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Cottonwood 'Native'

Cottonwood is the Nebraska state tree. It is native across the state and usually is found adjacent to rivers, streams, and around lakes. Cottonwood has a fast growth rate and provides most of the lumber processed in Nebraska today. It is planted in riparian areas for filter strips, and near streams to reduce sedimentation and stabilize stream banks. It also can be used in multiple row windbreaks for height and quick protection. Water: Requires a moist site. Tolerates drought on upland sites with high water table. Light: Requires full sun.

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Freeman Maple

Acer x freemanii, is a combination of the best qualities of Red Maple and Silver Maple. With the rich fall color of a Red Maple and the growth rate & hardiness of a Silver Maple, this tree will make an excellent addition to any landscape. Photo by: K. Zuzek, UMN Extension

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Hackberry

A good replacement tree for the American Elm because of its similar form and adaptability. Gray, unique stucco-like bark. Soil Texture - Performs well on a variety of soils. Water: Moderately drought tolerant but does best on moist, well-drained sites. May compensate for droughty conditions by dropping a portion of the leaves when under stress. Light: Full sun to partial shade

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'Manchurian' Apricot

Small fast-growing tree. Rounded, spreading form, winter-hardy, and drought resistant. Native to Manchuria and Korea. Attractive white flowers, golden orange fall color and edible fruit. Early flowering makes fruit production susceptible to spring frost damage. Soil Texture - Grows best in loam soils. Water: Moderately drought tolerant. Will not withstand ponding or saturated soils. Light: Full sun.

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'Manchurian' Crabapple

Midwest Manchurian crabapple is a moderately rapid growing medium-size tree. It is densely branched and oval shaped. This tree is extremely winter hardy and disease resistant, making it well suited to the harsh climatic extremes of the upper Midwest and Great Plains. Midwest may reach a height of 20 feet in 16 years. The dense and rounded growth form is very desirable. When planted in single-row windbreaks and given sufficient growing room, it maintains its branches close to the ground. It is one of the earliest species to leaf out in the spring and is fully leafed before blooming. The blossoms are snowy white.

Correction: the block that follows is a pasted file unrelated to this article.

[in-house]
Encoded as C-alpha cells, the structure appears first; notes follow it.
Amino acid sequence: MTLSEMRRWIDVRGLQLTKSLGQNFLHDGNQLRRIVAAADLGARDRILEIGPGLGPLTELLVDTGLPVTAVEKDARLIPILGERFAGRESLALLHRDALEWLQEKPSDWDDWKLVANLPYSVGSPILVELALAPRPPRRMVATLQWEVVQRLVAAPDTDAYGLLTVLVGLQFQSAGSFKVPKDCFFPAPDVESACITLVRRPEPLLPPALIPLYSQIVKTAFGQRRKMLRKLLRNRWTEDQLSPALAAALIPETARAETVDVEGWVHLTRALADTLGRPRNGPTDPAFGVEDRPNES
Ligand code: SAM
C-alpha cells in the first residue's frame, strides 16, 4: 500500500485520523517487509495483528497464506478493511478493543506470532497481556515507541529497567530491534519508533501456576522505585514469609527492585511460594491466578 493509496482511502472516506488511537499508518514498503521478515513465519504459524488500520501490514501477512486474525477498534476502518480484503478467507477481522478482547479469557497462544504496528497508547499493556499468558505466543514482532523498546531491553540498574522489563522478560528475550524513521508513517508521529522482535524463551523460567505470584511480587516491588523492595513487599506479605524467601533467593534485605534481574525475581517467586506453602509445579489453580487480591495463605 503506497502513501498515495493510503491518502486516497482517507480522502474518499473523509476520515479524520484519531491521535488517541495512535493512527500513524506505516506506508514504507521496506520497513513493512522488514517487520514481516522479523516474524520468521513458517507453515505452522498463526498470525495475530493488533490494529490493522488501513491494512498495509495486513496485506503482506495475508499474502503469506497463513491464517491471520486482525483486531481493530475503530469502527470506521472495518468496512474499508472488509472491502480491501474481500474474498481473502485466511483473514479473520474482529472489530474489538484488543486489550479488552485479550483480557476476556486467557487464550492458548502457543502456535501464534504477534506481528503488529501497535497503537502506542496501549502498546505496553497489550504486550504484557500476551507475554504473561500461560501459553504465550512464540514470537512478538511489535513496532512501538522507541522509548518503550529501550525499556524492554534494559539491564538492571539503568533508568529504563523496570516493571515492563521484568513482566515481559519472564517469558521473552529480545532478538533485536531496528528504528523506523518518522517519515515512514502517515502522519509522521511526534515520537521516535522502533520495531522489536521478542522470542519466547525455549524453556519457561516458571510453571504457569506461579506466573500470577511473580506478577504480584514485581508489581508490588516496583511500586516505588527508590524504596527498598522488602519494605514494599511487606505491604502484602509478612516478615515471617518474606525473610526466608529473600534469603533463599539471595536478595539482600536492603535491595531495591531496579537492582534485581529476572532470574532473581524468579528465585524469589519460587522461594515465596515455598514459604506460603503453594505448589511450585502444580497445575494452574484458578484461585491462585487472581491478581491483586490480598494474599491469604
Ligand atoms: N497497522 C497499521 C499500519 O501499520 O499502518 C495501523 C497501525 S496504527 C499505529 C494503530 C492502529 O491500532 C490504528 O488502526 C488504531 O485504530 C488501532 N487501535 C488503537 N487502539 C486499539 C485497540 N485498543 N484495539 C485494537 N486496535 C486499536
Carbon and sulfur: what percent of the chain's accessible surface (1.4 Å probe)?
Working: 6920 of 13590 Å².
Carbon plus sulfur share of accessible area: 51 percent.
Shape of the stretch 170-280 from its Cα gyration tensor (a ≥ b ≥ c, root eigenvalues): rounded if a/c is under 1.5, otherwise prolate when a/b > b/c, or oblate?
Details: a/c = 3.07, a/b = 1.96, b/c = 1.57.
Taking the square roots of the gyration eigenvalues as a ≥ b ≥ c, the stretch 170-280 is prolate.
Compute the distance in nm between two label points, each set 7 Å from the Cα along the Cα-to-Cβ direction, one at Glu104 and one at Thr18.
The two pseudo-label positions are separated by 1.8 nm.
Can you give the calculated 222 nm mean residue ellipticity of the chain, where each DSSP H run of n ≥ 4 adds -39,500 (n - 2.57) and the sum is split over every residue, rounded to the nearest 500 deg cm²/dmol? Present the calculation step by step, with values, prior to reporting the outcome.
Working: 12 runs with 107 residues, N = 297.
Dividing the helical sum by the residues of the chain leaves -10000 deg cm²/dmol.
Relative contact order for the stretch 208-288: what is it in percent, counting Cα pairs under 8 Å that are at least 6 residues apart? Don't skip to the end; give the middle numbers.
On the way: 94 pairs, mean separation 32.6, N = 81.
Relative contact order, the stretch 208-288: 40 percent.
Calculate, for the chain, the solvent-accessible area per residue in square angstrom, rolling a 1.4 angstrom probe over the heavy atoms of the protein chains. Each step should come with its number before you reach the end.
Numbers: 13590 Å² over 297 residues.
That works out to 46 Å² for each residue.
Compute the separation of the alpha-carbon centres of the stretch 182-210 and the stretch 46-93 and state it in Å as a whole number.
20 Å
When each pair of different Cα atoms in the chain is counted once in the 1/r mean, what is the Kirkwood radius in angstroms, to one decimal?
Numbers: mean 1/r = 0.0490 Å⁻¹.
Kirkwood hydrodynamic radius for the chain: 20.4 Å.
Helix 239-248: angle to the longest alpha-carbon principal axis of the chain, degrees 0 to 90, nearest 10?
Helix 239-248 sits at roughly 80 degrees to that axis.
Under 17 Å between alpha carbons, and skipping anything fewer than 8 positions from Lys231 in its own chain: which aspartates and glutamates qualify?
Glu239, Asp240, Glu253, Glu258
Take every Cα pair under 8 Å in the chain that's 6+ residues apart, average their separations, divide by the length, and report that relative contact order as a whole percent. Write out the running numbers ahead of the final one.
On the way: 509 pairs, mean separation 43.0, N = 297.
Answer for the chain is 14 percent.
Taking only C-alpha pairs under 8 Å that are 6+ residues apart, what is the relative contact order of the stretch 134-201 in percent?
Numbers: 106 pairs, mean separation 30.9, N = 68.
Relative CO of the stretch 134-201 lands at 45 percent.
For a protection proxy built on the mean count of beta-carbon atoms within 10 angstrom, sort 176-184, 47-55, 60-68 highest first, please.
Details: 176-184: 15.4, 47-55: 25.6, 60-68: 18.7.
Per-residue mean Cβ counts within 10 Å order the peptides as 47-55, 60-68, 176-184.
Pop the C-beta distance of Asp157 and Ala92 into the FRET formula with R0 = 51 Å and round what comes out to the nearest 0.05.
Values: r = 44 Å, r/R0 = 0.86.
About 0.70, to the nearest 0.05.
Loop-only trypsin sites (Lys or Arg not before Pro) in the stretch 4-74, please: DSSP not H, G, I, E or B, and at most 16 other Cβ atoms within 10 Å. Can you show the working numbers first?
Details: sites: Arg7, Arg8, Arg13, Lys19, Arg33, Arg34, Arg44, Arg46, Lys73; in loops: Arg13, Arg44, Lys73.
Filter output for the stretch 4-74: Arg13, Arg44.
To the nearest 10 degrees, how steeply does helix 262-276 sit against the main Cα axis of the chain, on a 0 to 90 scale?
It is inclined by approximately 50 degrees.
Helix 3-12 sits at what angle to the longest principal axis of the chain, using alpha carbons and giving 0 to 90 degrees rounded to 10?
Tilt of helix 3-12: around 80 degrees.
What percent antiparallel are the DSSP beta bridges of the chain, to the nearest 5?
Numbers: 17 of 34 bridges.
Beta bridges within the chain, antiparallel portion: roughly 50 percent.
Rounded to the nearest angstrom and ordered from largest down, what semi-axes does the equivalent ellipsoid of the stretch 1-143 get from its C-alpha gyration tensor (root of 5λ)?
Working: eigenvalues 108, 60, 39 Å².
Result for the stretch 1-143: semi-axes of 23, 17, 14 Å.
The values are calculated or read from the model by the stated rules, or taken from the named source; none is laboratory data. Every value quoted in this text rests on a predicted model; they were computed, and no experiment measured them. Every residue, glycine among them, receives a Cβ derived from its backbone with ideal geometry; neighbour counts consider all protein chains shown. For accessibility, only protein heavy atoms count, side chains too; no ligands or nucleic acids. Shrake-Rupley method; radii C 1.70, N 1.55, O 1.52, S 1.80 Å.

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Northern Red Oak

The northern red oak grows to a height of 60–75' and a spread of around 45' at maturity with height increases of more than 24" per year. Full sun is the ideal condition for this tree, meaning it should get at least 6 hours of direct, unfiltered sunlight each day. The northern red oak grows in acidic, loamy, moist, sandy, well-drained and clay soils. While it prefers normal moisture, the tree has some drought tolerance and can be expected to grow in Hardiness Zones 3–8.

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Paper Birch

Paper birch is a medium sized deciduous tree, reaching 50 – 60 feet tall at maturity. It is a shallow rooted species with bright yellow fall color and striking white, flaky bark which references its name ‘paper’. It can be single stemmed or multi-stemmed.

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Quaking Aspen

Quaking aspen is a medium to tall deciduous tree, reaching 50 to 80 feet tall at maturity. It has a smooth white bark with distinguishing black marks that stand out on any landscape. The leaves have a flattened petiole that when the wind blows gives the leaves a ‘quaking’ look. They are beautiful additions to the landscape, giving a home a ‘mountain top’ feel.

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Silver Maple

A medium to large tree with spreading branches forming a variably rounded to informally spreading crown. A fast-growing tree subject to iron and manganese chlorosis on high pH soils which may cause dieback or eventual death. Often called soft maple because the wood is the softest of the maples used for lumber. Soil Texture - Performs poorly on tight clay soils. Water: Susceptibility to drought, winter stem dieback, sunscald injury and chlorosis affected by genetic variability and original seed source. Light: Full sun.

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Swamp White Oak

Swamp white oak is a striking tree with attractive peeling bark, especially on young trees. The lustrous, lobed leaves have a two-tone appearance, dark green on top with a silvery-white underside. Fall color is an orangeish-gold to yellow in mid-autumn. An excellent shade tree for any landscape. Tree & Plant Care: One of the easiest oaks to transplant and more tolerant of poor drainage than other oaks. Avoid high pH soils or plants develop chlorotic (yellowing ) leaves. Tolerant of black walnut toxicity, salt, drought and heat. Prune oaks in the dormant season to avoid attracting beetles that may carry oak wilt.